High School Hierarchy: 6-10
SLAMonline ranks the top pro-producing high schools of all time.
8. Springarn High School, Washington DC
NBA Players Produced: Dave Bing, Elgin Baylor, Stan Washington, Sherman Douglas, John Tresvant, Earl Jones
Combined Experience: 50 seasons
NBA/ABA Championships Won: 0
All-Star Appearances: 18
Hall of Famers: 2
Total Points: 104
The DC area basketball scene stacks up historically against any traditional hoops hotbed in the country, and, with two Hall of Famers who also were selected among the NBA’s 50 Greatest Players of All Time, Springarn is the top NBA talent-producing school in the nation’s capitol. One of those legends, Dave Bing, has taken up another DC tradition: politics. Bing is currently the mayor of Detroit.
You’ve probably heard of: DC-based writer and author Bijan C. Bayne wrote this about Elgin Baylor:
“It was a DC-product, Elgin Baylor, who lifted the game of basketball off the floor and into the air, which spawned the likes of Connie Hawkins, Julius Erving and Michael Jordan. Elgin held the NBA single game scoring record at 71 before it was broken by Wilt Chamberlain with 100 points. Elgin also held the record for the most points in a playoff game with 63 until that was broken by Michael Jordan. Elgin ranks third among NBA players with playoff games over 30 points and 15 rebounds and third among NBA scoring averages.”
Whether it’s a result of the fact that his Lakers didn’t win a title when he played, or maybe his disastrous run as GM of the Clippers, Baylor is an often-overlooked name when the greatest players of all time are discussed. One player, however, never forgot what Baylor meant to the game. Kobe Bryant admitted that he has used many elements of Baylor’s game, particularly Baylor’s first step, as he’s added things to his own game throughout his career.
Don’t forget about: Sherman Douglas was overlooked as a basketball player at every level. Douglas played for Springarn and only received one Division I scholarship offer, from Syracuse University. He helped lead Syracuse to a national title game and, at one time, was the NCAA’s all-time leader in assists and was Syracuse’s all-time leading scorer (both records were later bested). Douglas wasn’t the most athletic looking player, and the fact that he relied on an unorthodox floater as his primary scoring weapon didn’t help him gain much attention from NBA scouts so he fell into the second round. As a rookie with the Heat, he averaged 14 points and nearly 8 assists per game while making the All-Rookie First-Team. He was traded to Boston and led a declining Celtics team to the Playoffs three of his four seasons there. Douglas made his NBA name with steady point guard play, but as he told Heat.com while recounting his career-high 42-point night against Denver, he was a scorer at heart: “My job as a pro was to help my teammates score as a playmaker. But every once in a while, I turned the jumper back on and piled up big points,” Douglas said.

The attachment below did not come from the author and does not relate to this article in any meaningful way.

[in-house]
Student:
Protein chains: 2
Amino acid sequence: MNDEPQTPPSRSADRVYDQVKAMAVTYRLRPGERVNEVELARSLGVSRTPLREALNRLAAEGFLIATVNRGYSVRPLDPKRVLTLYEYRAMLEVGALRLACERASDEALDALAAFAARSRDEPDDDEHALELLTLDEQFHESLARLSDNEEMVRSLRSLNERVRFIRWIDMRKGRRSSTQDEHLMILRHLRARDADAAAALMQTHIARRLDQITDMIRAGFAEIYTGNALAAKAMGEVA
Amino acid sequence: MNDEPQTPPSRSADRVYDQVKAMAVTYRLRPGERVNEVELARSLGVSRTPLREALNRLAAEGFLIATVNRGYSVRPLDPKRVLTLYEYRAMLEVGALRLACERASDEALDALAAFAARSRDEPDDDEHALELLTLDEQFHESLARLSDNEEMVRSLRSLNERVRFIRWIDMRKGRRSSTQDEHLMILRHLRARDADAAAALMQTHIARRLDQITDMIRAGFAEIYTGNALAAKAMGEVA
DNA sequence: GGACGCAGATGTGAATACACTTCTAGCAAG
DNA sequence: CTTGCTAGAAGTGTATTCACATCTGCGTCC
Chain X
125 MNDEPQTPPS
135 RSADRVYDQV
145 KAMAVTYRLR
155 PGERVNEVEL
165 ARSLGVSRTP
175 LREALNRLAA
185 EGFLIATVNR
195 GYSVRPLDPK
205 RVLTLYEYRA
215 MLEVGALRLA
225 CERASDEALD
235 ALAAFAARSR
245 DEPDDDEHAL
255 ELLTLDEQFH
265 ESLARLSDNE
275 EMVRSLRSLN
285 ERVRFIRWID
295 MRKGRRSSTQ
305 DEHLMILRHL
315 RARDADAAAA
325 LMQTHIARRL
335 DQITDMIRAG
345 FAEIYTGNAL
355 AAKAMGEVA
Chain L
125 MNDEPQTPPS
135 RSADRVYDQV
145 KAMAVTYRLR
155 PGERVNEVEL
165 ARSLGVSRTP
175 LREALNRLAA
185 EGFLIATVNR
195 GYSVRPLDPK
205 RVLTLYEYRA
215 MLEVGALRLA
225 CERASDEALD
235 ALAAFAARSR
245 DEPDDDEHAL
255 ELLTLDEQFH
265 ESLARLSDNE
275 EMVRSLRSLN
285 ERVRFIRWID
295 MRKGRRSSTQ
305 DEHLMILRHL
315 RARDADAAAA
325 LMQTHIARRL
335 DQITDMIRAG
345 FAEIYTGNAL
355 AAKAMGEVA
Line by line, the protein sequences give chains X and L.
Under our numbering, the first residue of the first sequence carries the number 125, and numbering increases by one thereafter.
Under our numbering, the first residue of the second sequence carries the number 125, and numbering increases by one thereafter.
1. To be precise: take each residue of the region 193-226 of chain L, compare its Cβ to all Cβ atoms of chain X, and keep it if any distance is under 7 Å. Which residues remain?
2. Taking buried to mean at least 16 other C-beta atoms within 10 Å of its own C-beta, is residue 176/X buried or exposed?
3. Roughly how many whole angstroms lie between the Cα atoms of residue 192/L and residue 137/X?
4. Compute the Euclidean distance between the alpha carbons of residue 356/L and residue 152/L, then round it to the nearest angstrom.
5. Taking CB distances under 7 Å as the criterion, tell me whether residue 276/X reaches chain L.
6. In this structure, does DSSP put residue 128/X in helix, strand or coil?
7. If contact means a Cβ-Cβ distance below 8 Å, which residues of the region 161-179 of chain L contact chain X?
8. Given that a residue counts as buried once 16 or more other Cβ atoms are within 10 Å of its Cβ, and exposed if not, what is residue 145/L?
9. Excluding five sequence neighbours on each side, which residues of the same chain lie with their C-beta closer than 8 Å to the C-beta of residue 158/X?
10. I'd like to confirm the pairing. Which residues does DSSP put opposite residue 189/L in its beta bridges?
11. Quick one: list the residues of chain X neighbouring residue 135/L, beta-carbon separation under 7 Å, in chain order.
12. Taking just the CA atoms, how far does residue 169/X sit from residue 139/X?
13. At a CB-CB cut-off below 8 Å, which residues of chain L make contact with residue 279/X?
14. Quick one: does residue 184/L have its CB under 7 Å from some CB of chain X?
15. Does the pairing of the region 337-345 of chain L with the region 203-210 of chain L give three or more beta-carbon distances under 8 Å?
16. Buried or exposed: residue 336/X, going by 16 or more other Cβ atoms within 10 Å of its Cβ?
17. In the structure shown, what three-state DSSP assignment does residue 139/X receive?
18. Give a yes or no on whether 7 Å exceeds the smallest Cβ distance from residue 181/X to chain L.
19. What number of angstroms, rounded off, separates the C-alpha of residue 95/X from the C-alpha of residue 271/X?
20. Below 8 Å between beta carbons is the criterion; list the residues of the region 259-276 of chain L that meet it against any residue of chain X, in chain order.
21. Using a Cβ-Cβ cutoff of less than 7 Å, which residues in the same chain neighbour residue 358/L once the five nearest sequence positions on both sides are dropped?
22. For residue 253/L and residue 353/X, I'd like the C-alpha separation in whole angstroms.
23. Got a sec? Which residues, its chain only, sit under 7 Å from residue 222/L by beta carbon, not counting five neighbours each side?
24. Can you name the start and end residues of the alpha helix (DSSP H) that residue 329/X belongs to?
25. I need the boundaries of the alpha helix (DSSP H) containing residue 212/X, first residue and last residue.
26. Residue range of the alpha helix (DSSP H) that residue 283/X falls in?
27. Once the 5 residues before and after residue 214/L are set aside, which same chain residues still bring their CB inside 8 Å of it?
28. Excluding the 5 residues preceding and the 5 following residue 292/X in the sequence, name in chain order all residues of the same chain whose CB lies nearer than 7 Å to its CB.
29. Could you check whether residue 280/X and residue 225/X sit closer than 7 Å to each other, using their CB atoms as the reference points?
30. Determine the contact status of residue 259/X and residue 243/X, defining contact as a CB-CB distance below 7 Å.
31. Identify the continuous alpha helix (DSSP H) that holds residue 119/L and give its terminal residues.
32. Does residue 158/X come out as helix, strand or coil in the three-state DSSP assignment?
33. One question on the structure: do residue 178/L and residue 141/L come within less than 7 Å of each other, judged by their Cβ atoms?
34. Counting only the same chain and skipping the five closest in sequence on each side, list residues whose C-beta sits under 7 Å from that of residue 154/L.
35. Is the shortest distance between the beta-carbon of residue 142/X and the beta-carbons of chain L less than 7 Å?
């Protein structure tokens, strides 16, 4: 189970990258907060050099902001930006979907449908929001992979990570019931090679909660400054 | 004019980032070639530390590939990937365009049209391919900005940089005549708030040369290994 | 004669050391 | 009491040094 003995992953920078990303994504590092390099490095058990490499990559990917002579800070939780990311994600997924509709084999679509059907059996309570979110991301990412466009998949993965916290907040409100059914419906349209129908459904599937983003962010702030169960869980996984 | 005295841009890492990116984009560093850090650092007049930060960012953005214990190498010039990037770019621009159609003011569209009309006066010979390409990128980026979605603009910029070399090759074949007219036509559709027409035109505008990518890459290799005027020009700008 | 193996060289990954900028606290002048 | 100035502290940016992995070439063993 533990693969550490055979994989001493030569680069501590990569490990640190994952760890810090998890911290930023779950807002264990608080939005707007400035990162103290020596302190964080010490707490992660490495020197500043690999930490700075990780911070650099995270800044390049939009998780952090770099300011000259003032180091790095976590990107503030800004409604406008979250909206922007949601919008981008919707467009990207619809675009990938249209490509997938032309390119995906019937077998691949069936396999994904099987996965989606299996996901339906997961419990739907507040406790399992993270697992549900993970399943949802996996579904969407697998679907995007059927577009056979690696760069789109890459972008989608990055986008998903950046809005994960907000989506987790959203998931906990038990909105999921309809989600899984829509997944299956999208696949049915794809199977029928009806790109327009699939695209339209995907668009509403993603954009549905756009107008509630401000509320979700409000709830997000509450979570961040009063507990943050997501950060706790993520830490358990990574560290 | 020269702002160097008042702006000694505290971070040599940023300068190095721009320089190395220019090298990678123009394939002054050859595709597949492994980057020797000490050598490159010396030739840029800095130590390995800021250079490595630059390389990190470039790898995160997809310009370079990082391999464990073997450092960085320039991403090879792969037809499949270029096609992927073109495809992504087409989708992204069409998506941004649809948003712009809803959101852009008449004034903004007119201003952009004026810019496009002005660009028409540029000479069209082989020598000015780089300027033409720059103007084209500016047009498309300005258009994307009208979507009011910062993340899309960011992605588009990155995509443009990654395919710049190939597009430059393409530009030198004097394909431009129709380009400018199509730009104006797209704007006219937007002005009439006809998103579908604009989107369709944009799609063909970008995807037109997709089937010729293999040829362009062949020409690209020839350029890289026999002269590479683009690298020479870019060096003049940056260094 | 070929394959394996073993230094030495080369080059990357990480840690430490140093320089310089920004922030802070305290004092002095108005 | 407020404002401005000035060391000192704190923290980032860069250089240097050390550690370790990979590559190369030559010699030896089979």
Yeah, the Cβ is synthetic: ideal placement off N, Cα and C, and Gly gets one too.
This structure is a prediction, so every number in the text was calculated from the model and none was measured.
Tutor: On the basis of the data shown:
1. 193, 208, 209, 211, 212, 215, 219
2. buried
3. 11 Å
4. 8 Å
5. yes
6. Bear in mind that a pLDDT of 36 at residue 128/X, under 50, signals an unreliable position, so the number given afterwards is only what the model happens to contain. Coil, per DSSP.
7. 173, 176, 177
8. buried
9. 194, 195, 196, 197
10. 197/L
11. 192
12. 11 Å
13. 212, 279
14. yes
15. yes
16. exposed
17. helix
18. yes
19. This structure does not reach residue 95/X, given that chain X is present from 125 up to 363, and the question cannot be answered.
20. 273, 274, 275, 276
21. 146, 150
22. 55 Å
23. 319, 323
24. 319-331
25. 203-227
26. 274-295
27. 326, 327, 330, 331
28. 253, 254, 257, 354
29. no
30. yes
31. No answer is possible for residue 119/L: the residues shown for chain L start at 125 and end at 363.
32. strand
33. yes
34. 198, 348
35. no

He retired in 2001 with career averages of 11 points, 6 assists and 1 steal per game on 48 percent shooting.
Random fact: If there’s a young player out there who wants to become a better rebounder, Springarn alum John Tresvant has the machine for you. His Total Rebounder Exercise System is designed to bring back a lost art, according to Tresvant, “I’m trying to bring rebounding back to basketball, to have coaches teach it more, and I’m giving them the devices.”
Tresvant averaged 10 rebounds per 36 minutes in his solid nine-year NBA career, but he was a dominant rebounder in college at the Seattle University, where he once hauled in 40 rebounds in a single game.